Ten years ago, Madonna looked set for another exciting rebirth when she announced her 12th studio effort, MDNA. In the four years since 2008’s Hard Candy, the master of reinvention had left her Warner Bros. home for Interscope and split with second husband Guy Ritchie. And with a newcomer by the name of Lady Gaga launching the most credible challenge in 30 years to her Queen of Pop throne, she was firmly expected to bring her A-game. Instead, Madge delivered the most regressive and disappointingly basic record of her career.
The stats back this up, too. Although MDNA’s first-week sales of 359,000 was Madonna’s highest since Music, half that number came from an album-tour bundle, a by-product of her other major new deal with LiveNation. It later dropped to No. 8, posting the then-biggest percentage sales drop for a No. 1 in the Nielsen Soundscan era, and within 13 weeks it was out of the Billboard 200 altogether.
Of course, her new label might have been anticipating a commercial nosedive in the wake of her third official hits comp, Celebration. After 1990’s The Immaculate Collection, she confounded her pop fans with the deeply provocative hip-hop, R&B and house of Erotica. 2001’s GHV2, meanwhile, was followed by American Life, a decidedly chilly concept album dissecting the American Dream. But although they both underperformed in the charts, you couldn’t fault their sense of ambition and originality.
In stark contrast, there’s little on MDNA that would even class as second-tier Madonna. Penned for her second feature-length directorial effort W.E., “Masterpiece” is a genuinely lovely ballad which ensured that the royal biopic got at least some awards attention (and not at the Razzies, either). Still, alongside similarly restrained closer “Falling Free,” it appears to have wandered in from an entirely different record.
For all of its faults, MDNA doesn’t subscribe to the theory that all breakup albums need to be defined by seven-minute misery-wallowing dirges. “I just need to dance,” Madonna notes on the gurgling electro-house of “I’m Addicted,” a statement of intent far removed from breakup albums designed to leave you crying in the shower. It’s just a shame that she chose to head back into the clubs in the wrong company.
The signs that Madonna had lost some of her seemingly magical collaborative spirit were already evident on its predecessor. Whereas the likes of William Orbit, Mirwais and Stuart Price were plucked from the fringes of the mainstream, Timbaland and Pharrell Williams had been making super-sized hits for the best part of a decade. Hard Candy is a perfectly solid contemporary R&B album, but it could have been recorded by Britney, Nelly Furtado or any number of pop stars who grew up listening to the Material Girl.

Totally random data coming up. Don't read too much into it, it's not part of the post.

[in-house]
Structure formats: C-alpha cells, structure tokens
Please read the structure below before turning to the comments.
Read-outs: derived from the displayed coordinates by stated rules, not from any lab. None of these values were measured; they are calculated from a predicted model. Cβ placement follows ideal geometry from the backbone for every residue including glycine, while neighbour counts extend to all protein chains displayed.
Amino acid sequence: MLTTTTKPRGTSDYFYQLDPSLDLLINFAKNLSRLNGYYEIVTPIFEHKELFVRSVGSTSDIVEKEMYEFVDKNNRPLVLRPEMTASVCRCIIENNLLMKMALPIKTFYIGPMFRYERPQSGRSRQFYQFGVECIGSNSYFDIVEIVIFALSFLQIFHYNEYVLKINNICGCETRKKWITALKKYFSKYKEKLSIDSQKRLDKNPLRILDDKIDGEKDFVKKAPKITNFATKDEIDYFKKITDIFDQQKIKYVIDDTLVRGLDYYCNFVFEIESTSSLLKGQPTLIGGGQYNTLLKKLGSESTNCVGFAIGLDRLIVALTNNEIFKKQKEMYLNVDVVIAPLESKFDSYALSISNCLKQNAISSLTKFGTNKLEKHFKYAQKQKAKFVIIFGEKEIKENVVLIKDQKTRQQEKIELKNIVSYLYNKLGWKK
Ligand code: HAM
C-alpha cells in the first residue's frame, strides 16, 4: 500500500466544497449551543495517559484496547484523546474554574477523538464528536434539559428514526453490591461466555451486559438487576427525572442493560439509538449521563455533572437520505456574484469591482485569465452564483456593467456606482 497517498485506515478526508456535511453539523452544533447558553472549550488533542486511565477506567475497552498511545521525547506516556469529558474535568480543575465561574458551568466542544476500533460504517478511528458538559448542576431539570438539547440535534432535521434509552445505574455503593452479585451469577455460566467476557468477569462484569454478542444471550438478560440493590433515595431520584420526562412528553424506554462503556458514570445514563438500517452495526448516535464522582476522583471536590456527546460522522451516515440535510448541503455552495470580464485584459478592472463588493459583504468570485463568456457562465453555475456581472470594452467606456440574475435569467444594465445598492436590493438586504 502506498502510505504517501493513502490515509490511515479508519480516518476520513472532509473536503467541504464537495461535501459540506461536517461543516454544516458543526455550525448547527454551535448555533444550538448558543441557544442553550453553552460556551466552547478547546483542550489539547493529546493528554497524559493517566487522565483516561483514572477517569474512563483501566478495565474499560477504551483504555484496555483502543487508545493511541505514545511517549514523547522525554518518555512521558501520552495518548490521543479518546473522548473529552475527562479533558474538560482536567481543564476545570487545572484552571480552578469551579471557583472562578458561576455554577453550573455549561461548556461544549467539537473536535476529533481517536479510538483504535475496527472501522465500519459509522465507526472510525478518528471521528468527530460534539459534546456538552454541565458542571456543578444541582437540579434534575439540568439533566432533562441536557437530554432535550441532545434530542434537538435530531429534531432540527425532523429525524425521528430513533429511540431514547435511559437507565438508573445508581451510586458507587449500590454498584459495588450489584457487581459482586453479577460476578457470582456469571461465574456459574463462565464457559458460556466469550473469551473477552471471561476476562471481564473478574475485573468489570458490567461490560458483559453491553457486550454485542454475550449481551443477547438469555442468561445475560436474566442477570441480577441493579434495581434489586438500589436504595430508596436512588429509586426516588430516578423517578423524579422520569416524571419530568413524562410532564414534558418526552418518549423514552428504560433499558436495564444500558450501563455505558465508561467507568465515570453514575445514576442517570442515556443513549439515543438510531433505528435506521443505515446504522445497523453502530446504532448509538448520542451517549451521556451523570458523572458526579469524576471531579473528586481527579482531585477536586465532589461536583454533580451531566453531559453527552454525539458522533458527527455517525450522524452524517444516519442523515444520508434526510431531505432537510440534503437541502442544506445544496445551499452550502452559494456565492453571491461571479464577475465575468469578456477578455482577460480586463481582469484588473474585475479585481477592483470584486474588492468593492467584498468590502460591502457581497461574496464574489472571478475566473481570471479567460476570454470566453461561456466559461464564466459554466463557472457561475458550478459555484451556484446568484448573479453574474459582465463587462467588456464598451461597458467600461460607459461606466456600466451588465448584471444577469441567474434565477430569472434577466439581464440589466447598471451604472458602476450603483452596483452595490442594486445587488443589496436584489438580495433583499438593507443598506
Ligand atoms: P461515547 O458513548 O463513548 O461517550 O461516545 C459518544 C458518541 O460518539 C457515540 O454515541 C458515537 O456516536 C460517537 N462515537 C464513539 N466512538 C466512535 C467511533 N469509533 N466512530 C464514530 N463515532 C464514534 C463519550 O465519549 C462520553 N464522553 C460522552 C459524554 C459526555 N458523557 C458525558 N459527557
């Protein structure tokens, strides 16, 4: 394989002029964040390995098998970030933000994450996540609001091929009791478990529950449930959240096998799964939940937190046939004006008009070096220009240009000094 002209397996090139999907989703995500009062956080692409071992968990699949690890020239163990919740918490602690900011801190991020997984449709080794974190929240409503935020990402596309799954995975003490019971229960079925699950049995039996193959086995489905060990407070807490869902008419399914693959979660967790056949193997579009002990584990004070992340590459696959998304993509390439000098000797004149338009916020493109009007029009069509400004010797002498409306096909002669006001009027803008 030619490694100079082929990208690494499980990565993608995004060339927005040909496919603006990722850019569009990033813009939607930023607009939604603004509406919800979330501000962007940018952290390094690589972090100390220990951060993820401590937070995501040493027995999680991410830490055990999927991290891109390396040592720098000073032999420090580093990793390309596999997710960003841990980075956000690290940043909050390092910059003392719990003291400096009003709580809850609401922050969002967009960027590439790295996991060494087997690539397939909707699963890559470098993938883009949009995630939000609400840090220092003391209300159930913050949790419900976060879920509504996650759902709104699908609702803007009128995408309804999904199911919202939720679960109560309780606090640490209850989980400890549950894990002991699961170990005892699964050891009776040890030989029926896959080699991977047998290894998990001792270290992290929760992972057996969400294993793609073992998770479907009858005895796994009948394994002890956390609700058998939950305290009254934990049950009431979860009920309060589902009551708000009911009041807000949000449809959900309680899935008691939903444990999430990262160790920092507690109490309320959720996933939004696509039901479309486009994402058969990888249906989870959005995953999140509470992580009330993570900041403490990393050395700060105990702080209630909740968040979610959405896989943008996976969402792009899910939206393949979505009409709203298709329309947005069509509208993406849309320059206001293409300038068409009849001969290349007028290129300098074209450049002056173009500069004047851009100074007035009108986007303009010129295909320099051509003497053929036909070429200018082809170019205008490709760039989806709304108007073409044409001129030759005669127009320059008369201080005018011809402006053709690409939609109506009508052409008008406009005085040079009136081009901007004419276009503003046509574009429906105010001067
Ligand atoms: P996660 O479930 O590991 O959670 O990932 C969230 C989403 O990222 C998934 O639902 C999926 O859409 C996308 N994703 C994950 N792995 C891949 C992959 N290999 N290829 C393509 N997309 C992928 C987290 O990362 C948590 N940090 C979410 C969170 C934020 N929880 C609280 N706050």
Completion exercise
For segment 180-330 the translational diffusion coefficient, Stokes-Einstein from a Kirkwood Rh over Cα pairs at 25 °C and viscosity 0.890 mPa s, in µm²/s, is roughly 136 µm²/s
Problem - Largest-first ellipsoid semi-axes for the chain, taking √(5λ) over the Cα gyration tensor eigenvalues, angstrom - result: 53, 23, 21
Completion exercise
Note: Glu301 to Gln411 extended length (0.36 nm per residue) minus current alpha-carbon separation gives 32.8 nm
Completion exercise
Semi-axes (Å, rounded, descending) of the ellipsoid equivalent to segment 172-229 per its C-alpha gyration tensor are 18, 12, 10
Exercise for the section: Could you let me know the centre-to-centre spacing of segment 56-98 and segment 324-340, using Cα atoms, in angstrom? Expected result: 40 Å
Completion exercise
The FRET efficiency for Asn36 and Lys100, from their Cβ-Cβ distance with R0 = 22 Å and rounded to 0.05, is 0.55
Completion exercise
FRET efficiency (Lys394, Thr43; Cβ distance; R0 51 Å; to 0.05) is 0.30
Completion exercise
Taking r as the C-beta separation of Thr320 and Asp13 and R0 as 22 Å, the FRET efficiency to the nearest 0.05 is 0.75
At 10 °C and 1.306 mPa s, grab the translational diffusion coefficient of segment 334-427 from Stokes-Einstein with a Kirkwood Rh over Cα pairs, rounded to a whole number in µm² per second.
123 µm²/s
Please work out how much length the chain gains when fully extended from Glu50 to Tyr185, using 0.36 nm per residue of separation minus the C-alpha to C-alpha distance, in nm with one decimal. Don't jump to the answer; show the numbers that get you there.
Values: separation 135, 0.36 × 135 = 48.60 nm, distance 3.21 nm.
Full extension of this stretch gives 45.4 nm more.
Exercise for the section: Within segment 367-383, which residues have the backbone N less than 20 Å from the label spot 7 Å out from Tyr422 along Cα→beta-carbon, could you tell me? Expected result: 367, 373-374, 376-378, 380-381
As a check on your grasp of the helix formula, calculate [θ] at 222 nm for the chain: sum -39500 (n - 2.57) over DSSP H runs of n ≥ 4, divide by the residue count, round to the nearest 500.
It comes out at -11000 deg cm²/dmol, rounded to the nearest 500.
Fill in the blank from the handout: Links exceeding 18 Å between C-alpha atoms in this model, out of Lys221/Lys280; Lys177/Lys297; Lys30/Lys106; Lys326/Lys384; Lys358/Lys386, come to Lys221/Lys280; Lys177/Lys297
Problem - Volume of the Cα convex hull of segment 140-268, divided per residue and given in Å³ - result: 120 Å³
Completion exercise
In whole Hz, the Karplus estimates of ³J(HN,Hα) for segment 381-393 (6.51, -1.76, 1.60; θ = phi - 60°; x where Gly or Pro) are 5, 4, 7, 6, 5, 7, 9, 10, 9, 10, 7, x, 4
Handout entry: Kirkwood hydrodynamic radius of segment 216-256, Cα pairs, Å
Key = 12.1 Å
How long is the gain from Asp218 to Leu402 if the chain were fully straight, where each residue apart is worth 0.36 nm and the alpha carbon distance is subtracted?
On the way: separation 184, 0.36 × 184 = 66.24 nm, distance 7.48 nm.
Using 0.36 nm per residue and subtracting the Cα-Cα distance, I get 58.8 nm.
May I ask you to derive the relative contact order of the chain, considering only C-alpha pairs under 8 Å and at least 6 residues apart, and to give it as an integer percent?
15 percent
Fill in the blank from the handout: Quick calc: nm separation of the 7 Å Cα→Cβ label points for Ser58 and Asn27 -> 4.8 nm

MDNA, however, saw the once switched on Madonna fall even further behind the curve. Martin Solveig’s brand of electro-pop was considered generic back in the early ‘00s, so it’s little surprise that his three offerings are more provincial nightclub chain than underground warehouse. “Turn Up the Radio” is particularly guilty of making the most dominant female artist in pop history sound like she’s channeling Heidi Montag.
Then there’s “Give Me Your Luvin’,” a feeble attempt at a “Mickey” for the EDM generation which, thanks to cameos from M.I.A and Nicki Minaj, essentially relegates Madonna to bit player on her own comeback single. That middle-finger gesture at the Super Bowl undoubtedly remains more memorable than the track it accompanied.
As the man jointly responsible for “Ray of Light,” “Nothing Really Matters” and “Runaway Lover,” you’d have expected Orbit to steer Madonna into more interesting dancefloor territory. However, even his uptempo contributions border on the inane. The dubstep breakdown that seemed to be mandatory back in the early 2010s instantly dates the awfully titled “Gang Bang,” while the formulaic hardstyle of “Some Girls” spends four minutes in search of a tune to little avail. Only “I’m A Sinner,” and its swirling psychedelic organs reminiscent of “Beautiful Stranger,” comes anywhere close to recapturing their turn-of-the-century glory days.
You only wish that Madonna had put more faith in the Benassi brothers, Benny and Alle. The strobe-lit electronica of opener “Girl Gone Wild,” which throws in nods to everything from her one-time closest rival Cyndi Lauper to Like a Prayer cut “Act of Contrition,” briefly suggests we’re in for a journey back to her New York club roots similar to Confessions on a Dance Floor. And although its love-is-a-drug-metaphor is hardly subtle, “I’m Addicted” and its chants of “MDMA” suitably provides the most addictive moment.
This sense of playfulness is a saving grace. MDMA’s music may often sound like it’s been designed by committee, yet Madonna’s lyrics, no matter how clunky (see “You’re like James Dean driving a fast car” on “Superstar”), ensure that the cookie-cutter tunes at least have some semblance of personality.
Ritchie’s ears were no doubt burning through most of its recording, with “Love Spent” taking aim at his apparent gold-digging tendencies (“If we opened up a joint account/Would it put an end to all your doubt”) and second Minaj feature “I Don’t Give A” hinting at a fragile male ego (“I tried to be a good girl/I tried to be your wife/Diminish myself and swallowed my light”). But Madonna has the most fun envisioning a violent demise in “Gang Bang,” repeatedly shouting “Die bitch” in a vengeful tale apparently inspired by Quentin Tarantino (the director Ritchie has often been accused of aping just to throw some extra shade). Hell hath no fury like a 12-time Hot 100 chart-topper scorned, obviously.
Since then, she’s released Rebel Heart and Madame X; while both were inconsistent, they had flourishes of the Madonna famous for setting herself apart from the crowd. MDNA, on the other hand, remains a deeply uninspiring listen that hasn’t gotten better with age.